Maximising and delivering on the potential of employer sponsored volunteering is the focus of a high-profile policy breakfast in London.
The event, which takes place in the Churchill Rooms in Westminster on Wednesday 27 January, will showcase the research of Dr Jon Burchell, senior lecturer at Sheffield University Management School, and Dr Joe Cook, an academic at Hull University Business School
Building on eight years of research on the subject, delegates will consider the future of employer sponsored volunteering in the UK. Dr Cook, said: “We are delighted to be able to support this high-profile discussion and hope to focus on establishing a strategy that is both fit-for-purpose and achievable.
“Almost 50% of the population in the UK do some kind of volunteer work and that is to be commended. We want to ensure that both businesses and charities are equipped to engage with volunteers in the best way possible.”
The government is keen to build on Britain’s volunteering culture – it pledged during the election that employees of large firms and public sector employees will be entitled to three volunteering days a year.
“But this pledge places significant difficulties for businesses,” said Dr Burchell. “Current successful company volunteering strategies offer on average one day per year per employee, from which less than one-third of employees take up the opportunity. Achieving a rapid increase in volunteers and volunteer hours just through offering paid time for example, may prove to be overly ambitious.”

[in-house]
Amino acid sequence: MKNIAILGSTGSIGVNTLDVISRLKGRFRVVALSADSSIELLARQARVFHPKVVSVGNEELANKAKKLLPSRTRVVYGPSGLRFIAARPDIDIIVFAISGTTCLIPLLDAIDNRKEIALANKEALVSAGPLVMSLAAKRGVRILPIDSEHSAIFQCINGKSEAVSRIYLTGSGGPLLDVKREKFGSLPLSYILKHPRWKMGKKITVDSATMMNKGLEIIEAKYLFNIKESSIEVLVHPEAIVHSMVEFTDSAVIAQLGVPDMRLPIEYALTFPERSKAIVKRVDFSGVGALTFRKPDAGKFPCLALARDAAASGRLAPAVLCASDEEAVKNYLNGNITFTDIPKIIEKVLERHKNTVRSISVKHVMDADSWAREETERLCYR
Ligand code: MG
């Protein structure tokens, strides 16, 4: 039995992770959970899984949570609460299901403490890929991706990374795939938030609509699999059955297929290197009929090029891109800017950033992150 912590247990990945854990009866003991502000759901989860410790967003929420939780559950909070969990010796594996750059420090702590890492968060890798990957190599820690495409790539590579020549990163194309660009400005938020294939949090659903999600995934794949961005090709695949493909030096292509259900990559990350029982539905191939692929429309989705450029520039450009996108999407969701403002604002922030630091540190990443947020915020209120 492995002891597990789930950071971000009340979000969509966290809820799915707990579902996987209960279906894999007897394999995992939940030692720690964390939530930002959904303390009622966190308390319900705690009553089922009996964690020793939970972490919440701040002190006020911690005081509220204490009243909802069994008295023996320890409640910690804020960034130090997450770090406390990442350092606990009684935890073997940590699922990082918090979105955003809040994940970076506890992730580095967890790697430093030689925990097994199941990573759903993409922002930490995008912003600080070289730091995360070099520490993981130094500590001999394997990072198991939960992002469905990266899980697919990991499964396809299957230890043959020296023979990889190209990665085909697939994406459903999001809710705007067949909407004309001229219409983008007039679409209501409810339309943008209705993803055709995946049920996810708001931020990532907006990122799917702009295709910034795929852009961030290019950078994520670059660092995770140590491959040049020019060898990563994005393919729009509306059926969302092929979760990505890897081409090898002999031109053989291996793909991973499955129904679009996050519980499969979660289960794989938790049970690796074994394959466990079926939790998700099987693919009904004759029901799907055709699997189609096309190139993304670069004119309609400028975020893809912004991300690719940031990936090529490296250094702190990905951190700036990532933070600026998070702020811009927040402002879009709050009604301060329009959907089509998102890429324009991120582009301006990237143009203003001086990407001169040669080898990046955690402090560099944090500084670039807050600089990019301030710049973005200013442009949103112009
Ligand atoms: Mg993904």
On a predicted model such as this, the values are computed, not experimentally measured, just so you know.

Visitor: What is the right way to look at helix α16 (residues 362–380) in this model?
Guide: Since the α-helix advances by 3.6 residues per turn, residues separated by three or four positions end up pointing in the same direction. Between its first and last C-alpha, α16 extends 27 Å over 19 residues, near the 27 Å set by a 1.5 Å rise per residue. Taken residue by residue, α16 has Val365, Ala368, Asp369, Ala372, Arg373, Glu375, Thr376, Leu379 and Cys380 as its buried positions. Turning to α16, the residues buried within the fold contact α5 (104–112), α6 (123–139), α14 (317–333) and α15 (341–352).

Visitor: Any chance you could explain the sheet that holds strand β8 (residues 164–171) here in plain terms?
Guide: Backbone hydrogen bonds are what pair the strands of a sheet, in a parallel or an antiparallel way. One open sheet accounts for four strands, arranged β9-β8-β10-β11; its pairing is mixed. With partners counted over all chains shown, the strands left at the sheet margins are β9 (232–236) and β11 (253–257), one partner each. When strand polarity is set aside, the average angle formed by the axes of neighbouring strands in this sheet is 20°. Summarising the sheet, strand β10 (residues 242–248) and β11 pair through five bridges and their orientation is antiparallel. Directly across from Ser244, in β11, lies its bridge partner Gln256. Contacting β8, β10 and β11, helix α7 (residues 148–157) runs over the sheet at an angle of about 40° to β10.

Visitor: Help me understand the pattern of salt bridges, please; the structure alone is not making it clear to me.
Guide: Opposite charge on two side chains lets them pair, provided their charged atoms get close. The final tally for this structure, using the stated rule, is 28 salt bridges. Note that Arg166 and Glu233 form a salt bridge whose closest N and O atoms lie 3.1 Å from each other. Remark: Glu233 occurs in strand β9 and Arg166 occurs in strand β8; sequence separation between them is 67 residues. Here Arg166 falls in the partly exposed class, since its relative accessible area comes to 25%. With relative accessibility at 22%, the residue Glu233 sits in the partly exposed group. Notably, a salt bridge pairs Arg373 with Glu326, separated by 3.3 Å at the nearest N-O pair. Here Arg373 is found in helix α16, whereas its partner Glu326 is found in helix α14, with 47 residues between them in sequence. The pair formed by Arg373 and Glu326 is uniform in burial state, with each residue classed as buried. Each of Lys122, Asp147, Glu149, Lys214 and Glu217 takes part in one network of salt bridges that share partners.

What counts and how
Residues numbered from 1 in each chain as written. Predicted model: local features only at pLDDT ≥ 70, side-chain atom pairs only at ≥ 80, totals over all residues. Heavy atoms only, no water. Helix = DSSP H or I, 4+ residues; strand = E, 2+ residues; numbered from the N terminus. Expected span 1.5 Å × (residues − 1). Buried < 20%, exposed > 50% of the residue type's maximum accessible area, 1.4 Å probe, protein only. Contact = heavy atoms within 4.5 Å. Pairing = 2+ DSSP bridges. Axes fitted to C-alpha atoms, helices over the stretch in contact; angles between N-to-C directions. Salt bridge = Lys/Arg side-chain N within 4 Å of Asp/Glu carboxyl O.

The event, which launches a series of regional workshops across England to examine the infrastructural challenges, brings together a panel of experts to discuss the infrastructural implications of the policy and consider how best to maximise the impact of employee volunteering in the UK. Organised by Britain’s leading cross-party think-tank, Demos, in partnership with the universities of Sheffield and Hull, the Office for Civil Society, Business in the Community (BiTC), and the National Council for Voluntary Organisations (NCVO), the discussion will explore the challenges of overcoming the key barriers to building effective and sustainable partnerships.
Other speakers include: Graham Frankland, National Grid, Dr Justin Davis-Smith, NCVO, Lisa Cunningham (BiTC), and Neil Cleeveley, National Association for Voluntary and Community Action. The event is chaired by Peter Cheese, Chartered Institute of Personnel and Development.
Key questions for discussion include:
- How can we ensure that the impact of employee volunteering is maximised?
- How can more third sector organisations be equipped for employee volunteering, and present opportunities for volunteering effectively to businesses?
- How can local infrastructure support connections between business and community groups to facilitate better employee volunteering?
- How can we encourage greater employee volunteering amongst small businesses in particular?
The event will lay the groundwork for a series of workshops across England which will examine the local challenges for Employer Sponsored Volunteering and the potential for stronger brokerage and infrastructural support.
The universities of Sheffield and Hull will organise these workshops in partnership with the Office for Civil Society and the Local Intelligence Teams in partnership with Business in the Community and NCVO.